APPEH chairperson, Jon Jureidini, heard Prof OmigbodunOlayinka Omigbodun, a Nigerian psychiatrist and president of the International Association for Child and Adolescent Psychiatry and Allied Professions (IACAPAP) speak at a child psychiatry conference in Melbourne. She discussed the idea of child and adolescent mental health clinics or departments in privileged countries partnering with departments or services in the developing world, and it started Jon thinking. In his keynote address he reiterated Professor Omigbodun’s idea and expanded upon it. What if psychiatrists and other professionals in wealthy countries such as Australia paired with under employed professionals in a developing country? By contributing 5 to 20 per cent of their own salary the well-off professional would provide the full salary for a therapist, for example, in a country where the salary would be a fraction of the cost it would be in Australia. This would mean that for an affordable fraction of the salary for a senior professional in a rich country, a professional can be employed and supported in a poorer country, potentially doubling the productivity from their salary/income.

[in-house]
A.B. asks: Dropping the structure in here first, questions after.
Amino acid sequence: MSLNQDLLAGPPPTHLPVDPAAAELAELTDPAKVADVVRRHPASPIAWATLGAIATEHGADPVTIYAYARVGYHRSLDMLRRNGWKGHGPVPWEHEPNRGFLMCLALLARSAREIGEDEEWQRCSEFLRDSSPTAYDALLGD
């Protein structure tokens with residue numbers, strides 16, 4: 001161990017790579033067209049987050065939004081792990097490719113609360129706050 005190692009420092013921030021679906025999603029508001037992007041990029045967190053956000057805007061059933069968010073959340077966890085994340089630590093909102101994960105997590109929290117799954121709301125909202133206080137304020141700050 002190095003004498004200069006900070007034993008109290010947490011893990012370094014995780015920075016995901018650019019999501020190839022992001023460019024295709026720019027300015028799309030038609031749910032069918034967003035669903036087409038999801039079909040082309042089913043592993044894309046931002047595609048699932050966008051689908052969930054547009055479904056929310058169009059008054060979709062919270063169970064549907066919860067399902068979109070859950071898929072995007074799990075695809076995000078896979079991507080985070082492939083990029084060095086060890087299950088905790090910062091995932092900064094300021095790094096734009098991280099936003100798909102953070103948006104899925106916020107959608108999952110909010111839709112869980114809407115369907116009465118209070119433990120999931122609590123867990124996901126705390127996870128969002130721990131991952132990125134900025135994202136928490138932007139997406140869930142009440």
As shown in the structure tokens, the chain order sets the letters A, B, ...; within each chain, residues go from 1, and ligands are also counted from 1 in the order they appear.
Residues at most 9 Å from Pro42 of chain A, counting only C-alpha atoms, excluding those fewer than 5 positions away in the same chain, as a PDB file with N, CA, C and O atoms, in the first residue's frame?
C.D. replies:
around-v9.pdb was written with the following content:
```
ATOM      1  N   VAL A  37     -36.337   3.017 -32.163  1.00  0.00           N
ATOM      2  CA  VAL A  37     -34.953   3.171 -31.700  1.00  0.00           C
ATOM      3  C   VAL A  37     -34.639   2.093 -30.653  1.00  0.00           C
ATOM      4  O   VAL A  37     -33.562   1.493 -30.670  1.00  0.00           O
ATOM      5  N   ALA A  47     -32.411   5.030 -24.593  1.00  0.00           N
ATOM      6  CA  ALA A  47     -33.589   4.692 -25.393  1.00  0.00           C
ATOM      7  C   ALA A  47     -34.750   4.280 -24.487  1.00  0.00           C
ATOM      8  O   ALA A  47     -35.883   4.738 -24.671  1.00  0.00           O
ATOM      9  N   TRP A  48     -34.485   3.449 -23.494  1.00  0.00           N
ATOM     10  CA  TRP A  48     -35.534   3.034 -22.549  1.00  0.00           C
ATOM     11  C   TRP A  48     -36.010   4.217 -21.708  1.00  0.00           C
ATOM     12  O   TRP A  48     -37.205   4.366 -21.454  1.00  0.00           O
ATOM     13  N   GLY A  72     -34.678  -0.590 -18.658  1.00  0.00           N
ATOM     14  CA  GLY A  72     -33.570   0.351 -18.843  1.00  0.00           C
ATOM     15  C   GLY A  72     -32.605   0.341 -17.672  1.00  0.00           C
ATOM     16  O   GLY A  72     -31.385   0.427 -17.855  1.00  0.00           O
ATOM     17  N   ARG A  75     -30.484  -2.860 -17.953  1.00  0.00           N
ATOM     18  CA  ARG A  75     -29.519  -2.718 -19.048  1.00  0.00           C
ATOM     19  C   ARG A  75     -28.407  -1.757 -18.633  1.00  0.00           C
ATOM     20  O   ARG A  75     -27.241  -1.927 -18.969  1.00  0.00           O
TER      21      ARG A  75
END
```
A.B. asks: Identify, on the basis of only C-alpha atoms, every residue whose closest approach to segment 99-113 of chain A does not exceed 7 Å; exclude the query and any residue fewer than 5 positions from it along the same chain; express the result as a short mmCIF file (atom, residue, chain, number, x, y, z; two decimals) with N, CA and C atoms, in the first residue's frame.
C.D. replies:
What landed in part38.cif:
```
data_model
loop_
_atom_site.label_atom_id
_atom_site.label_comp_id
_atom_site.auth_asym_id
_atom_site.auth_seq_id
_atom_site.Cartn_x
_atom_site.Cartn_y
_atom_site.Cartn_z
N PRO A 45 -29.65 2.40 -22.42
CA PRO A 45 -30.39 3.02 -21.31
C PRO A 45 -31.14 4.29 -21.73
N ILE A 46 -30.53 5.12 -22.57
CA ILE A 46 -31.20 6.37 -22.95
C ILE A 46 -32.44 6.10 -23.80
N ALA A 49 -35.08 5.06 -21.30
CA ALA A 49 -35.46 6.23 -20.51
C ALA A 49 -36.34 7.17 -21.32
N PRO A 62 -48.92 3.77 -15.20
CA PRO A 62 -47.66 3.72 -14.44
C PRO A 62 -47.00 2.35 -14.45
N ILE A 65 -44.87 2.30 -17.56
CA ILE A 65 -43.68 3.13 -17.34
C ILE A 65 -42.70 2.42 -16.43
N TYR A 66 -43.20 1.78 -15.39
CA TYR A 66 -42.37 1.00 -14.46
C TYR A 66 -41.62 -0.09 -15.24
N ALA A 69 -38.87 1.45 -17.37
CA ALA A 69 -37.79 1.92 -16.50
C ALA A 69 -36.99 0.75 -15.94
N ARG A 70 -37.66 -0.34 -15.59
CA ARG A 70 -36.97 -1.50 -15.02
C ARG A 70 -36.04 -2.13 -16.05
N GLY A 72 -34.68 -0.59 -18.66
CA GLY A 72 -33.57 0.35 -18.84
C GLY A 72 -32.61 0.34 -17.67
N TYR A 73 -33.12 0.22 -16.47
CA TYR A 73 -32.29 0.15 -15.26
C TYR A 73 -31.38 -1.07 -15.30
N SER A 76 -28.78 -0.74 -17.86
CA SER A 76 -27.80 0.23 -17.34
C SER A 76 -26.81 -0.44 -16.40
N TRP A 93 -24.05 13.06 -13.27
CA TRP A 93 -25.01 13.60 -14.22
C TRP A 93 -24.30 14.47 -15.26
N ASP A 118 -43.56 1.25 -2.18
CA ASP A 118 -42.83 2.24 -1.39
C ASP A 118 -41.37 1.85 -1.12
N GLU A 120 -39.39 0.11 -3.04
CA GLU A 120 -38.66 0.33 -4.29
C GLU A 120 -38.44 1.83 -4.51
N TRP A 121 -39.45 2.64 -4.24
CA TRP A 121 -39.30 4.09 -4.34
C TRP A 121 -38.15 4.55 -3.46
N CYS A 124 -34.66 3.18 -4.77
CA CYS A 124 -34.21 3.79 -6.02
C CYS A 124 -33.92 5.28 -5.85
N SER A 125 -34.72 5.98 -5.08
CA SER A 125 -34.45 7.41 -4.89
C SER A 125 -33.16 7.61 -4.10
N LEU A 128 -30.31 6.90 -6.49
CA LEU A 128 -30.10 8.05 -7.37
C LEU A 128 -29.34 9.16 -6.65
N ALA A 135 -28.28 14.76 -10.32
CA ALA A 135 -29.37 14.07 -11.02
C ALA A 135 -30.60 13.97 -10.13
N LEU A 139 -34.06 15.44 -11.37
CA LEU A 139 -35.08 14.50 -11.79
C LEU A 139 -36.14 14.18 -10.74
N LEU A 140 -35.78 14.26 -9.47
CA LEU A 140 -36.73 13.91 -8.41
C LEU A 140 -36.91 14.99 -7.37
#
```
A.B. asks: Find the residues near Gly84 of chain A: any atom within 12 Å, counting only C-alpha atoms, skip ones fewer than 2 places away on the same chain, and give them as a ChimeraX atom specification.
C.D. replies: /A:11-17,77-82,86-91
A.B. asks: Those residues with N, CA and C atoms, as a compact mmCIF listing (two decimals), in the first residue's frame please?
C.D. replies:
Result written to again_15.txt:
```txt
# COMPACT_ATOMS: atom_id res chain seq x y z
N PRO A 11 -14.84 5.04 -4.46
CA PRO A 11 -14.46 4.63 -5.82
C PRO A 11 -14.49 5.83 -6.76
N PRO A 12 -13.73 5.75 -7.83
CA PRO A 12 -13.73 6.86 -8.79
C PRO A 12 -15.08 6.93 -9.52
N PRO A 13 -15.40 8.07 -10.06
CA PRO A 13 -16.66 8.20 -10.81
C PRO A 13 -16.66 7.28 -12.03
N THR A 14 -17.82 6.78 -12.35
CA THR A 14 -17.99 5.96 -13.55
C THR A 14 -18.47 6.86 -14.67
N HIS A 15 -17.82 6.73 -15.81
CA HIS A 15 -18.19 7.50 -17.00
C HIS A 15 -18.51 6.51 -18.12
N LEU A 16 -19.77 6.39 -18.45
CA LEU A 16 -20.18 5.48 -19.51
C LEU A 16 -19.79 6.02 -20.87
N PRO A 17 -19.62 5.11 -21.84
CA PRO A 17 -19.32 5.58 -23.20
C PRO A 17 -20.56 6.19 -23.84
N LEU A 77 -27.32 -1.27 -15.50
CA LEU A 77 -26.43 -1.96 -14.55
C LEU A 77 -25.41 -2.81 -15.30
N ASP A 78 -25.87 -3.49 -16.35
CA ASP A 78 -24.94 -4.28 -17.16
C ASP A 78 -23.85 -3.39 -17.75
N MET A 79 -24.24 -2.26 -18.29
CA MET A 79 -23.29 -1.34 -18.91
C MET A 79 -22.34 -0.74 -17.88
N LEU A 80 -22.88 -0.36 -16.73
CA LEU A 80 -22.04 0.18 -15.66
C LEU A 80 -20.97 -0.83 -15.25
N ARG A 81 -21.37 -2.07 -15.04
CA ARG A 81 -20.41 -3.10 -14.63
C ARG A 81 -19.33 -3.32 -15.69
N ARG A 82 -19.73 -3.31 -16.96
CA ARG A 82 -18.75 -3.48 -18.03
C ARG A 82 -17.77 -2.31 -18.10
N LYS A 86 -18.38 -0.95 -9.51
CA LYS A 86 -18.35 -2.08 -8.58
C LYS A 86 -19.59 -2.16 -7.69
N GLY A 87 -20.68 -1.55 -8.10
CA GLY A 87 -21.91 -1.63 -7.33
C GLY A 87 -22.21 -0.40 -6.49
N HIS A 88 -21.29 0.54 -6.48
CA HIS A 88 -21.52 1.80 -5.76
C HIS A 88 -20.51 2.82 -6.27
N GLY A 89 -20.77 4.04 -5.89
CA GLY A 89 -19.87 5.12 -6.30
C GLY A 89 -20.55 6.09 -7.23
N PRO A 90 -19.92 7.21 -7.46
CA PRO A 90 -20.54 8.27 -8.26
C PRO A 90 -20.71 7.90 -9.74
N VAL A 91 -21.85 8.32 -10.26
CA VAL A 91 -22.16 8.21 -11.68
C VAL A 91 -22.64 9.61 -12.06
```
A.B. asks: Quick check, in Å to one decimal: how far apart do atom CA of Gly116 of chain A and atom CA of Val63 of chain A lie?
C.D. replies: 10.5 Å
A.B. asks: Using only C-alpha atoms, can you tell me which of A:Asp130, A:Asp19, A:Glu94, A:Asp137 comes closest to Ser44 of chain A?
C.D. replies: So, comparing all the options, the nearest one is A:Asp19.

Just as importantly, this doubling/pairing would begin a partnership between two therapists working in very different circumstances but leading to mutual learning, a potential exchange of materials and expertise.

Partnerships might also be set up between departments rather than individuals. An academic or clinical group in each country could set up a relationship analogous to sister cities, whereby each takes interest in the activity of the other. Each would promote and publicise the other’s activities, with the richer sister also providing financial and other support.

As a tax-deductible charity that already supports Palestinian workers in the Middle East, APPEH can play a pivotal role. The APPEH board committed to supporting a pilot doubling between Jon Jureidini and a suitable therapist working in Palestine (or with Palestinians elsewhere in the region). This resulted in support for the Treatment and Rehabilitation Centre for Victims of Torture (TRC) in Ramallah (see here).

The Doubling Project has been unsuccessful in securing a sponsor site to act as a host, after contacting and beginning conversations with both the Royal Australian and New Zealand College of Psychiatrists, and the International Association for Child and Adolescent Psychiatry and Allied Professions. Other options are now being explored.


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